1. I have to say that I have many stories about finding a horse…I’ll share a few. For me, in my price range, and for what I wanted, (jumps 3’6, between the ages of 5 and 9, bigger than 16 hands) it was extremely difficult. I tried upwards of thirty horses, vetted three and finally purchased the third after the first two didn’t vet. With the first horse that we vetted, the saga began. And don’t let this discourage you, just take it as a warning to be careful and only deal with trainers who you trust! I tried a horse whose name will remain unknown because I am afraid of getting sued for slander (yes this got messy!) I thought that this horse was perfect. Needed a little work on his changes, but everything else was exactly what I was looking for. He was going to be a great Eq horse and had a lot of scope and potential. Well, the owner said that we could only take him on trial for one week and that in order to do so, we had to give him 90% of the purchase price and he would not cash the check until we had signed the contract. The contract said that he could be sent back if he was unsuitable or didn’t pass the vet. (My mom is a lawyer so she reworked the contract to make sure that everything was there.) We decided to take him home to my trainer over winter break and see what she thought. After I hacked him maybe three times and lessoned twice on him, jumping some small courses, she decided she liked him and we vetted him. Unfortunately he didn’t pass the vet. He had the beginnings of a torn meniscus in one of his hind legs and he was likely going to go lame in the next couple of years, especially if he was jumping bigger fences. Obviously, this was not the kind of horse I was looking for. Distraught, because we loved him and had gone through this whole trouble and spent money on the vet, we had to call the owner and tell him. He didn’t believe us! He told us that the horse had “overuse” syndrome and claimed that we had ruined him! We couldn’t believe it! I had only lightly ridden him and it had only been five times! He not only refused to give us our money back, but he refused to take the horse back, even though we had ultrasounds to show the meniscus tear and a contract that specified we could send him back for a number of reasons. The owner was a real jerk. Obviously, we sent back the horse because we didn’t want to keep it. In the end, the owner decided to give back my half of the money, but not my mom’s (we had split the cost) because he felt bad taking money from a college student. That didn’t even matter to me, it was still my horse fund and that’s all I had! He clearly knew that he was doing something wrong if he felt bad keeping my money. Long story short, be careful! After that, we only went through trainers that we knew really well. Sorry for such a long winded and not so uplifting comment, but hopefully it’s amusing. We did, however, after vetting one more, find my current horse and I love her to death. You can read all about her on my blog 🙂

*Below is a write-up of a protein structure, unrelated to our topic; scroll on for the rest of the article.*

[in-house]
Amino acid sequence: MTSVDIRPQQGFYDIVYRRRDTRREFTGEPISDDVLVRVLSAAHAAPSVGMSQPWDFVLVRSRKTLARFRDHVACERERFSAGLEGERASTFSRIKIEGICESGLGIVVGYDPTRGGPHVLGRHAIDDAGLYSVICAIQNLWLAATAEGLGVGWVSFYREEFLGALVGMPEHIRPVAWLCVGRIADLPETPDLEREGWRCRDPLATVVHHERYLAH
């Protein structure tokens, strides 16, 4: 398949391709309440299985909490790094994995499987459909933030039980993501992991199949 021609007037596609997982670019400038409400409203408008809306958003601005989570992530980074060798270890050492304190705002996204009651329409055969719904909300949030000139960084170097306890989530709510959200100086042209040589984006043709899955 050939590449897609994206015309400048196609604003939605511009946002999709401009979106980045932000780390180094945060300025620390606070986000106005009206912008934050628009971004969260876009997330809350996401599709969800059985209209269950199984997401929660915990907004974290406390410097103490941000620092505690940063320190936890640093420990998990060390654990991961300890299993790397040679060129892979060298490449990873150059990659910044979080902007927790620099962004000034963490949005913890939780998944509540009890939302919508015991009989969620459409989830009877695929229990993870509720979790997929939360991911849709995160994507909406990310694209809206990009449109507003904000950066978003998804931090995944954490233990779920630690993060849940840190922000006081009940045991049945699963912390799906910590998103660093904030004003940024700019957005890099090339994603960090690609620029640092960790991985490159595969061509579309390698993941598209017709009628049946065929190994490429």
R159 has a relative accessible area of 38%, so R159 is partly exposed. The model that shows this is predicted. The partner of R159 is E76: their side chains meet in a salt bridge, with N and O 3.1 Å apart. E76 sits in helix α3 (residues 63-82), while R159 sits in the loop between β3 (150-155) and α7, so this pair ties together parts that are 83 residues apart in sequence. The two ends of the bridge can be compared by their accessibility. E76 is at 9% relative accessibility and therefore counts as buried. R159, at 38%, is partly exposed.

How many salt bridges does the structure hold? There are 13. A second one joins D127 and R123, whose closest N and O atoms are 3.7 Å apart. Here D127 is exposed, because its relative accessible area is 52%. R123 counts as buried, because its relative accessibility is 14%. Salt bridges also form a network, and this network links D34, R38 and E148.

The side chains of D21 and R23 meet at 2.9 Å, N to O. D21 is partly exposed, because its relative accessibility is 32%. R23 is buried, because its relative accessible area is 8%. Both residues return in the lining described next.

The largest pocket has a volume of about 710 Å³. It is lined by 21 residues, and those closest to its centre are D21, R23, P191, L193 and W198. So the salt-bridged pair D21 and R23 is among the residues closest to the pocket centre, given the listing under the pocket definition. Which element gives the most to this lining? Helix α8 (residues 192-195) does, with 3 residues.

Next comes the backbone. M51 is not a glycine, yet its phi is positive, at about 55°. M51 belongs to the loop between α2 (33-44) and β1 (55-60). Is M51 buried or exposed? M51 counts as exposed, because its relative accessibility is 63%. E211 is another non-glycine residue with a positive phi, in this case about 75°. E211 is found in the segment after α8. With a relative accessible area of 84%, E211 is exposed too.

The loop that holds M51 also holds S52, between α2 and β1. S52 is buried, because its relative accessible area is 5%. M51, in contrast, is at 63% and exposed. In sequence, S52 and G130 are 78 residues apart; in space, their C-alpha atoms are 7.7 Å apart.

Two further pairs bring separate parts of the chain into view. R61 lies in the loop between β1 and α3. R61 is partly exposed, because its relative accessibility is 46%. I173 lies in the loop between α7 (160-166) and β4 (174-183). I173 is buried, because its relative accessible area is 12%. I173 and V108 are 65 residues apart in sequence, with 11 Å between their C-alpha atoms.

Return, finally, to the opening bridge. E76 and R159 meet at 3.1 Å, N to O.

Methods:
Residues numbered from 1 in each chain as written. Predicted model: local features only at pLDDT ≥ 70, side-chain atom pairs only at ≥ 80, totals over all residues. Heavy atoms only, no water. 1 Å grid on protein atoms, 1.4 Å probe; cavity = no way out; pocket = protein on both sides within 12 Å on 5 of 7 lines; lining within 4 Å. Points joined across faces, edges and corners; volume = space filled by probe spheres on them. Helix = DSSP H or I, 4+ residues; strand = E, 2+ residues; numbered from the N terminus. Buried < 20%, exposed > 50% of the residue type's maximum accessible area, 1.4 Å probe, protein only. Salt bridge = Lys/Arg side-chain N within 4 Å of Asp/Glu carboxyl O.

1. You are blogrolled. You have been warned.

      I’m surprised you got a trial. The books/articles all recommend it but I have never met a seller who would let the horse out of his/her sight until it was mine. OTOH, if it had worked out you wouldn’t have Hallie.

      1. Wow! I’m surprised you don’t usually take one on trial! It is my trainer’s number one rule that you must be able to take them on trial for at least a week, otherwise how do you know that the trainer hasn’t drugged them or that they won’t be psycho when you take them off the property? Reading your later posts, here is my advice for horse shopping…find a barn where you can try multiple horses, that way even if it’s a couple of hours away, it’s still worth it. You have a much better likelihood of finding “the one” if you can sit on more than one of them. Videos are key also. Pictures can be deceiving (not that videos can’t too, but at least they give you a little better idea of how the horse goes). Where are you located? If you are in the New England area I might be able to recommend a few barns! And thanks for blogrolling 🙂

        1. re trial: Perhaps your trainer is well-enough known that folks feel comfortable sending a horse there on trial? My purchases have gone to boarding barns or my house.

          re pycho: Previous Horse was a fruit loop when we tried him, so that was one less mystery. He was OTTB with 3 gaits: walk, jig & buck. Seriously, you cantered him by bracing your leg, holding his head up, & letting the buck travel forward.

          re area: Southeast, and not the Eastern-time-zone, forward-thinking parts.